Pavement Terms


Various sized stones, crushed rock, gravel, etc., make up approximately 92–96% of hot mix asphalt. (Asphalt cement makes up the other 4–8 %.)


The common name for “Bituminous Asphalt Concrete.” It is also known as “hot mix asphalt (HMA)” or “flexible pavement.” Asphalt is a mixture of aggregates and hot asphalt cement that becomes the familiar asphalt pavement when placed, compacted, and subsequently cooled.

Asphalt Mix Design

An asphalt mix design is the recipe that sets forth what aggregate to use, what size range of aggregate to use, what asphalt binder to use, and the best combination of these ingredients. The asphalt plant that produces the hot mix asphalt follows a mix design


Common “slang” term for asphalt. This term should not be used in requesting any specifications or work, as the term has a broad variety of meanings in different contexts.

Chip Seal

A process of applying a layer of hot asphalt oil over existing pavement, then immediately covering the oil with a thin layer of small crushed aggregate. The aggregate is then “rolled in” using a pneumatic (rubber-tire) roller. Chip seals generally are not used on parking facilities because the oil might “bleed” and cause tracking in hot weather, but chip seals are often used on roads that experience low traffic volume.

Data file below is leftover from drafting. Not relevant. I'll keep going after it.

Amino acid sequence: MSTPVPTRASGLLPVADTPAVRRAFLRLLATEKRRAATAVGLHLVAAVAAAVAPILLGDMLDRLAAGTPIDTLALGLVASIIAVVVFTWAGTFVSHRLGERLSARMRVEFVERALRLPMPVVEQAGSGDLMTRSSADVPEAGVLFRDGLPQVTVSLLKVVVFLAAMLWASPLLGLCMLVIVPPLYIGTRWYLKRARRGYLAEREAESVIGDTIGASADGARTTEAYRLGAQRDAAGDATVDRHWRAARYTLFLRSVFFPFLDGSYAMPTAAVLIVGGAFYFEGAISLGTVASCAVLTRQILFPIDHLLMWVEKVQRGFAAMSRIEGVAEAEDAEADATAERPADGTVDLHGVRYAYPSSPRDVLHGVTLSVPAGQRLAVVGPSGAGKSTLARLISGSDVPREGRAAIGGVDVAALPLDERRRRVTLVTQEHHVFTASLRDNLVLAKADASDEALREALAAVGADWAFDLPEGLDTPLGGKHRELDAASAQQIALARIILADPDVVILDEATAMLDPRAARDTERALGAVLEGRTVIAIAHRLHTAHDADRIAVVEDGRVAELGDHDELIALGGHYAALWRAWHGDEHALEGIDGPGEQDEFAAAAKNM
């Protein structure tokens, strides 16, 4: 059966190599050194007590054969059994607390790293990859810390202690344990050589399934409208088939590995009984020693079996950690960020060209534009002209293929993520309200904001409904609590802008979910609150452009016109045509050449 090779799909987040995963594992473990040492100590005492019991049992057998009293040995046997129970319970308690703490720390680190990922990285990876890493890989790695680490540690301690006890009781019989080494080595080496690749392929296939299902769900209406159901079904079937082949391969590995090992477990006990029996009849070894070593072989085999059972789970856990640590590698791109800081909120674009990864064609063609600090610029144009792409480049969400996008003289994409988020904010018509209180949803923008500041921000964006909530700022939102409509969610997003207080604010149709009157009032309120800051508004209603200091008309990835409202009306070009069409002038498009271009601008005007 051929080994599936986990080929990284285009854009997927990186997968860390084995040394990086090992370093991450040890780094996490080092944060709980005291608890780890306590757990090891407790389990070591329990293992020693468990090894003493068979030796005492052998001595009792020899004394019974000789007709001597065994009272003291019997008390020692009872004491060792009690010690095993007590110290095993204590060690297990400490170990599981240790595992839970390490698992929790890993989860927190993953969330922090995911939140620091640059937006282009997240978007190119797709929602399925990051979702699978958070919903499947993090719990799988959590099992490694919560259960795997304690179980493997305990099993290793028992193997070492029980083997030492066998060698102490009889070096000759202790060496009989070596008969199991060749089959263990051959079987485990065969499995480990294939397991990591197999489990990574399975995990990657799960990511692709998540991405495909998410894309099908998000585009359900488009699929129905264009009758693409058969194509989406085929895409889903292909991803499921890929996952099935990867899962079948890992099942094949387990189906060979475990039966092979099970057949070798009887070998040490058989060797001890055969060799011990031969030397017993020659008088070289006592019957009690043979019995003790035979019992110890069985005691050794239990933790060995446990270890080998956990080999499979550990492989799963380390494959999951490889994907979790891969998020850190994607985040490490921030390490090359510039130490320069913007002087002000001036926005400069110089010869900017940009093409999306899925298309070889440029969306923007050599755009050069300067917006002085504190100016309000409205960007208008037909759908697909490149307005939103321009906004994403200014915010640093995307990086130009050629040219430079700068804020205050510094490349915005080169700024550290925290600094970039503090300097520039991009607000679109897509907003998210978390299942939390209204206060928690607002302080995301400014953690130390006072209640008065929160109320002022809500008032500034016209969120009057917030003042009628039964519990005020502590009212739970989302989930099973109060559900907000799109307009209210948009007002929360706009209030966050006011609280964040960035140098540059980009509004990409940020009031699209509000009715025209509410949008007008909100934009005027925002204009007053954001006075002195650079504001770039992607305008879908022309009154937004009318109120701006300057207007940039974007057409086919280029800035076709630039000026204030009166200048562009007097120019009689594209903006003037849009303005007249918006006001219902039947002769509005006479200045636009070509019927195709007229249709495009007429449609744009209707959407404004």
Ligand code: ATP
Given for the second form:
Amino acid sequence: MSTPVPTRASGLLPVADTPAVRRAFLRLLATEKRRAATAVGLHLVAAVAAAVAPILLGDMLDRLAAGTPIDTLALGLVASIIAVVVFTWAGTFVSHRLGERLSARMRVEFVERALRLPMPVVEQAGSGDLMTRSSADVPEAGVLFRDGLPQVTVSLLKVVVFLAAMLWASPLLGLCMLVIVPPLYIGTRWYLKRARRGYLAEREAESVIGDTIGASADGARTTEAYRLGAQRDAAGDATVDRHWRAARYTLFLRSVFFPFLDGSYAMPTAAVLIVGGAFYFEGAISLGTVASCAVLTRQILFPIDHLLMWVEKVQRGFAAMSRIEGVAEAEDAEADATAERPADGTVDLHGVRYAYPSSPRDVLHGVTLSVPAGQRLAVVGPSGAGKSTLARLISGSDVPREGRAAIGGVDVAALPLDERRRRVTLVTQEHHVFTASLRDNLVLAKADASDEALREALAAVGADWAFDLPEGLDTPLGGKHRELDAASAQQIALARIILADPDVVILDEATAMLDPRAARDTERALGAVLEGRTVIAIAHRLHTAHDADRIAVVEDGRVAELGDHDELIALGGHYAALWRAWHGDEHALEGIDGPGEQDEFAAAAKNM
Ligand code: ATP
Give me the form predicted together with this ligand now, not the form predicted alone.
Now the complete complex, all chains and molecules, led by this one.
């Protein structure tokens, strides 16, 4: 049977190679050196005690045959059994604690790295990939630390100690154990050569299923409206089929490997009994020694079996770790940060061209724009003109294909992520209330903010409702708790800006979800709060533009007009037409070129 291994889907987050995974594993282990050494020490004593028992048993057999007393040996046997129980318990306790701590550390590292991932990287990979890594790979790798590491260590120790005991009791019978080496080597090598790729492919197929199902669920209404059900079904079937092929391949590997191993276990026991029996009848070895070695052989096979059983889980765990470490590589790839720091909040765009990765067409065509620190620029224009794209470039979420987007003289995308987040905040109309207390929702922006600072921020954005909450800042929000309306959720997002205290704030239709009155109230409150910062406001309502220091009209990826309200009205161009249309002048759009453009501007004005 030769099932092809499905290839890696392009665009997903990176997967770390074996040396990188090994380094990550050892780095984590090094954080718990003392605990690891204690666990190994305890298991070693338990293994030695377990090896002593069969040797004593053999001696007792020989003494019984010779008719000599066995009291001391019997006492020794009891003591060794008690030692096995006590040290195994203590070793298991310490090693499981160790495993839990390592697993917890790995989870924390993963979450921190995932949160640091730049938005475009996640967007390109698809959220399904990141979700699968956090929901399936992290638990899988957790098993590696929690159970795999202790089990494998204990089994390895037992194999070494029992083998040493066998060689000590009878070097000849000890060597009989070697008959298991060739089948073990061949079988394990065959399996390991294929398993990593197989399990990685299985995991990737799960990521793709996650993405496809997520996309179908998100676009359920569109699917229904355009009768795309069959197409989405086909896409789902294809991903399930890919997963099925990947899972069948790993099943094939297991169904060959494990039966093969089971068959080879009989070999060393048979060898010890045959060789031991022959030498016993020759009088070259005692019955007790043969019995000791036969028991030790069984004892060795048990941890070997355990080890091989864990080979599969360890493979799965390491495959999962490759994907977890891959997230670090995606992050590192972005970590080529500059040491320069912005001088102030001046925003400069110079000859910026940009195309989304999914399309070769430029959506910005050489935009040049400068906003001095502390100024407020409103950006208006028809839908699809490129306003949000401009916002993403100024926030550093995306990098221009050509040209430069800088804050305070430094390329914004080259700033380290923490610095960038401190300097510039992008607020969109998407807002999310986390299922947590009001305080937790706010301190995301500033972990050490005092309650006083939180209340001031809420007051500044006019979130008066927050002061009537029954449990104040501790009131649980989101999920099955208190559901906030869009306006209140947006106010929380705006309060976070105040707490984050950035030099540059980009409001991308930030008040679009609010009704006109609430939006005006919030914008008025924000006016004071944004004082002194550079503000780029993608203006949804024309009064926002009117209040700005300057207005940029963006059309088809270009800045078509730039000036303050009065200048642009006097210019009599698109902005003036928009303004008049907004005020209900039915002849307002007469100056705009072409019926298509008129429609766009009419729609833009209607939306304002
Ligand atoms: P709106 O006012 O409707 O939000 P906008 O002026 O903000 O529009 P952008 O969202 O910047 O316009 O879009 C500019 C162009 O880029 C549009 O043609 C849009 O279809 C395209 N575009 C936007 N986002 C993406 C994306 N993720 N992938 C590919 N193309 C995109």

Cold In Place Recycling

Cold in-place recycling is a process where a machine grinds existing asphalt and base to a specified depth, then uses that ground-up material in the same location, creating a new base for a hot mix asphalt pavement. The recycled material is then compacted prior to paving. Often additives such as emulsions or foamed asphalt are added to the ground-up material to improve its stability.


The common name for “Portland Cement Concrete Pavement.” A hard, compact building material formed when a mixture of cement, sand, gravel, and water dries. Typically used for sidewalks, curbs, and areas such as delivery docks, garbage pickups, or bus lanes that handle heavy vehicles.

Core Testing

A method of examining a constructed asphalt pavement to determine its depth and makeup.

Crack Routing

Crack routing requires the use of a special piece of equipment that follows the crack and creates a clean reservoir to accept the crack sealing material. Cracks can be sealed without routing (following cleaning with a heat lance), but research has proven that crack repairs that are first “opened up” with a router will last longer and are more effective at keeping water out of the pavement base and subbase.


Asphalt pavements are constructed and compacted to a specific density as set forth in a contract or bid specifications by mechanically compacting (rolling) the hot material after it has been placed by the paving equipment. Density is not the same as compaction; density is achieved by compaction.


A system of drains and pipes for carrying away surface water. An asphalt surface is sloped to maximize the removal of surface water for vehicular safety. Also, the better drainage a pavement has, the less likely water will seep down into its base.


A mechanically produced combination of ingredients that do not usually mix. For example, asphalt emulsions are made by a procedure that mechanically mills the warm asphalt into microscopic globules, dispersing them in water, and adding a small amount of an emulsifying agent.

Fog Seal